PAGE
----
BRUSSELS (Reuters) - A Turkish-Brazilian deal to help Iran swap nuclear fuel cannot be considered a breakthrough unless it is fundamentally based on a fuel-swap proposal made by the IAEA last year, a senior EU diplomat said on Monday.
After talks with Brazil and Turkey, Iran announced on Monday it had struck a deal to exchange 1,200 kg (2,600 lb) of low-enriched uranium for higher-enriched nuclear fuel from abroad, which would be used in a medical research reactor.
The fuel swap would take place in Turkey, Iran said. Turkey’s foreign minister, Ahmet Davutoglu, said the deal meant there was no longer any justification for further U.N. sanctions against Iran and its nuclear enrichment programme.
The senior EU diplomat, who is involved in efforts to rein in Iran’s nuclear ambitions, said the deal would only carry weight if it was based on or fundamentally the same as a fuel-swap proposal put forward by the International Atomic Energy Agency seven months ago and which Iran has ignored.
“If they (Iran) are accepting what was originally proposed by the IAEA back in October, then fine, some progress might be possible,” the diplomat said.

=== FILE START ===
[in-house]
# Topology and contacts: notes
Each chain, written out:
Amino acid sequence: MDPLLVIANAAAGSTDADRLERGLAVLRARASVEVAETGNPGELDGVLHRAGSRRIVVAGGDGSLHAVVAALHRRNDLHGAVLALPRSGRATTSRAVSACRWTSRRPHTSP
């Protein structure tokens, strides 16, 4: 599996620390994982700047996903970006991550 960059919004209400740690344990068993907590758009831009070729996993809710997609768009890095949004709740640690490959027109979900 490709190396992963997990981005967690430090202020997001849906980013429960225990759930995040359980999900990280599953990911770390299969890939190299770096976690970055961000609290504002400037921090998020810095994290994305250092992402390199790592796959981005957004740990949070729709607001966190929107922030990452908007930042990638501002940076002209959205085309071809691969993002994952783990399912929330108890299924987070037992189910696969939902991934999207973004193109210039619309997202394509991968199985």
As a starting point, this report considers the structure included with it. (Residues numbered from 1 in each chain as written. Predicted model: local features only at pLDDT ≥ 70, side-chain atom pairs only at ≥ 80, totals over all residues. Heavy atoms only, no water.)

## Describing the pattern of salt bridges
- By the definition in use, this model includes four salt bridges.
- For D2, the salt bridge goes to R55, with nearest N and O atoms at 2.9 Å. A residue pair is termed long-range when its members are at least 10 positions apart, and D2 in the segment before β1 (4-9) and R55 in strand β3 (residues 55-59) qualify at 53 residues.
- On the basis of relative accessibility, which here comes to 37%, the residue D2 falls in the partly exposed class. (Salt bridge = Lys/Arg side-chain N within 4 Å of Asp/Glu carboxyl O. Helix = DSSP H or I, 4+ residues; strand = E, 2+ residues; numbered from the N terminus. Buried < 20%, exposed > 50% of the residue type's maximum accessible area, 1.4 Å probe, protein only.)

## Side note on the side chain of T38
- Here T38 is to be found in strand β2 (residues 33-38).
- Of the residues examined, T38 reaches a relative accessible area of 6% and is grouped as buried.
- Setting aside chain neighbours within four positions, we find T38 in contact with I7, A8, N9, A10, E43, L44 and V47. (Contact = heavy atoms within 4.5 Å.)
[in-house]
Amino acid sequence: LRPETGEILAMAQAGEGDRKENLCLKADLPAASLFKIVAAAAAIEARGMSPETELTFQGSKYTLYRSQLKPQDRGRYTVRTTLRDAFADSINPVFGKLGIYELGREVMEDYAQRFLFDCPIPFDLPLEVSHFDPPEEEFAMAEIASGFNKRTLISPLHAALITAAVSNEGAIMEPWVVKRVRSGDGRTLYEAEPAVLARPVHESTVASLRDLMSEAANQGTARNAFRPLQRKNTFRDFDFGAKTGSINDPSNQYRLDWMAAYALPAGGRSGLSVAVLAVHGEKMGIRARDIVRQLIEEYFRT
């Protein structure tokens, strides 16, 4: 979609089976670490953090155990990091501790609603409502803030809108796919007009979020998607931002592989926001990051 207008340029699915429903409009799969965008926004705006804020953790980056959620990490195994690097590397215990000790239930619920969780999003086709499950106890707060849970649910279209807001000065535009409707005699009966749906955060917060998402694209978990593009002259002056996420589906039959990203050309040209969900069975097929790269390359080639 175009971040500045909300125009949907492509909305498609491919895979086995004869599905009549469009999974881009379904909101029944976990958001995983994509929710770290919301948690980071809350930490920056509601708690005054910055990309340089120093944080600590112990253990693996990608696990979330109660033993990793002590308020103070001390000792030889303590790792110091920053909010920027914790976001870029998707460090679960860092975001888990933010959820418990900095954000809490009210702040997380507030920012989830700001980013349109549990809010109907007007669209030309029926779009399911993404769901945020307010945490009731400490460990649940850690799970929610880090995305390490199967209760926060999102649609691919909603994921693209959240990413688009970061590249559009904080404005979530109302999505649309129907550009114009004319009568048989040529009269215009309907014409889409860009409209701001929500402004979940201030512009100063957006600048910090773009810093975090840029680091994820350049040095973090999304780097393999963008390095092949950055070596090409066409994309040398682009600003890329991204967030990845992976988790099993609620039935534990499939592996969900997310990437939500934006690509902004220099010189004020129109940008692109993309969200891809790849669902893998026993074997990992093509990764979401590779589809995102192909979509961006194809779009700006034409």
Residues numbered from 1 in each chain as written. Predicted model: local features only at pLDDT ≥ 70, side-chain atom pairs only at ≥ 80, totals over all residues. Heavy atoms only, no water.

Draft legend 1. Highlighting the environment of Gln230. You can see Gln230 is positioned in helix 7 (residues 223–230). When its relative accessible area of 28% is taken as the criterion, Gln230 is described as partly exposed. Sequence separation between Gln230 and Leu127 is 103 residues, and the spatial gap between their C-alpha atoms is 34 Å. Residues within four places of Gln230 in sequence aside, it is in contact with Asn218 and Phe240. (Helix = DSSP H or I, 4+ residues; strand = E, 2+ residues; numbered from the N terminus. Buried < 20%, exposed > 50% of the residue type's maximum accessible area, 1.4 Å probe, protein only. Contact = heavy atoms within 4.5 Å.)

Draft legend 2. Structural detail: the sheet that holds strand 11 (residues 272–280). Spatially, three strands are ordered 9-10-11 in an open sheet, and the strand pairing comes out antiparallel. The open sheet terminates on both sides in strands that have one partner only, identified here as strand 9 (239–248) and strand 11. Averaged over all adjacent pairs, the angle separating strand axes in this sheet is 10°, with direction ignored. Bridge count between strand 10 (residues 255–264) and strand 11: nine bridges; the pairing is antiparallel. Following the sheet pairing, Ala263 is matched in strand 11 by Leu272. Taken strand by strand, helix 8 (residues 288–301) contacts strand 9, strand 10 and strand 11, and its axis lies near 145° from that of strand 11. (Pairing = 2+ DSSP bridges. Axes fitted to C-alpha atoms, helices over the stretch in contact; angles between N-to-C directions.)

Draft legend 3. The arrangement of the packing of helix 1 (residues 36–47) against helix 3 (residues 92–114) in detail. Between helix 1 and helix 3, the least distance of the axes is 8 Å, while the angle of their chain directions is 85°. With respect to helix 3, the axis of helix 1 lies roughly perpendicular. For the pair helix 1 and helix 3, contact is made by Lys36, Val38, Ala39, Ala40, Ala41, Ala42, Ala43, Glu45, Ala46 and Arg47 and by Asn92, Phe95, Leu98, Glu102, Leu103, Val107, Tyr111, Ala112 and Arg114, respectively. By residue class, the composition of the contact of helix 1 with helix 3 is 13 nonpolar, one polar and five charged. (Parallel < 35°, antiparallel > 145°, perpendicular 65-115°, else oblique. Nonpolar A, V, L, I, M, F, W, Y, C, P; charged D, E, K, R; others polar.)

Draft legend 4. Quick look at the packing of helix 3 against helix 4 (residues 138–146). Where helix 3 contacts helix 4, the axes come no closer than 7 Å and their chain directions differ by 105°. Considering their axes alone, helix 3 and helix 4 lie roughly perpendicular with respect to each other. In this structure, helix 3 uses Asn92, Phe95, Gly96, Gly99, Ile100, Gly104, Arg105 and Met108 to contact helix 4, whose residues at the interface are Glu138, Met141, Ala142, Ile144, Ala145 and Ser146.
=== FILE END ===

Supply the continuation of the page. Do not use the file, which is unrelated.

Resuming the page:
“But if this is some new suggestion that goes in a different direction, then it would appear to be stalling... It would be quite wrong to present this as being important and a breakthrough (unless it is based on the IAEA proposal).”
Iran, Brazil and Turkey have provided few details about the deal they have signed apart from to say that the fuel swap could begin within a month, will take place in Turkey and will be under the supervision of the IAEA, a U.N.-backed agency.
The EU diplomat cast doubt on whether Turkey would be capable of providing Iran with the nuclear fuel rods it needs as part of the exchange — France, Russia and the United States are the chief providers of that technology.
The details of the deal must to be put to the IAEA in writing so that they can be fully assessed, he said, adding that efforts to agree a fourth round of U.N. sanctions on Iran’s nuclear programme would continue.
Iran says its nuclear programme is solely for civilian and energy purposes, but the United States and other permanent members of the U.N. Security Council believe Iran has ambitions to produce a nuclear bomb and are determined to stop that.
Editing by Dominic Evans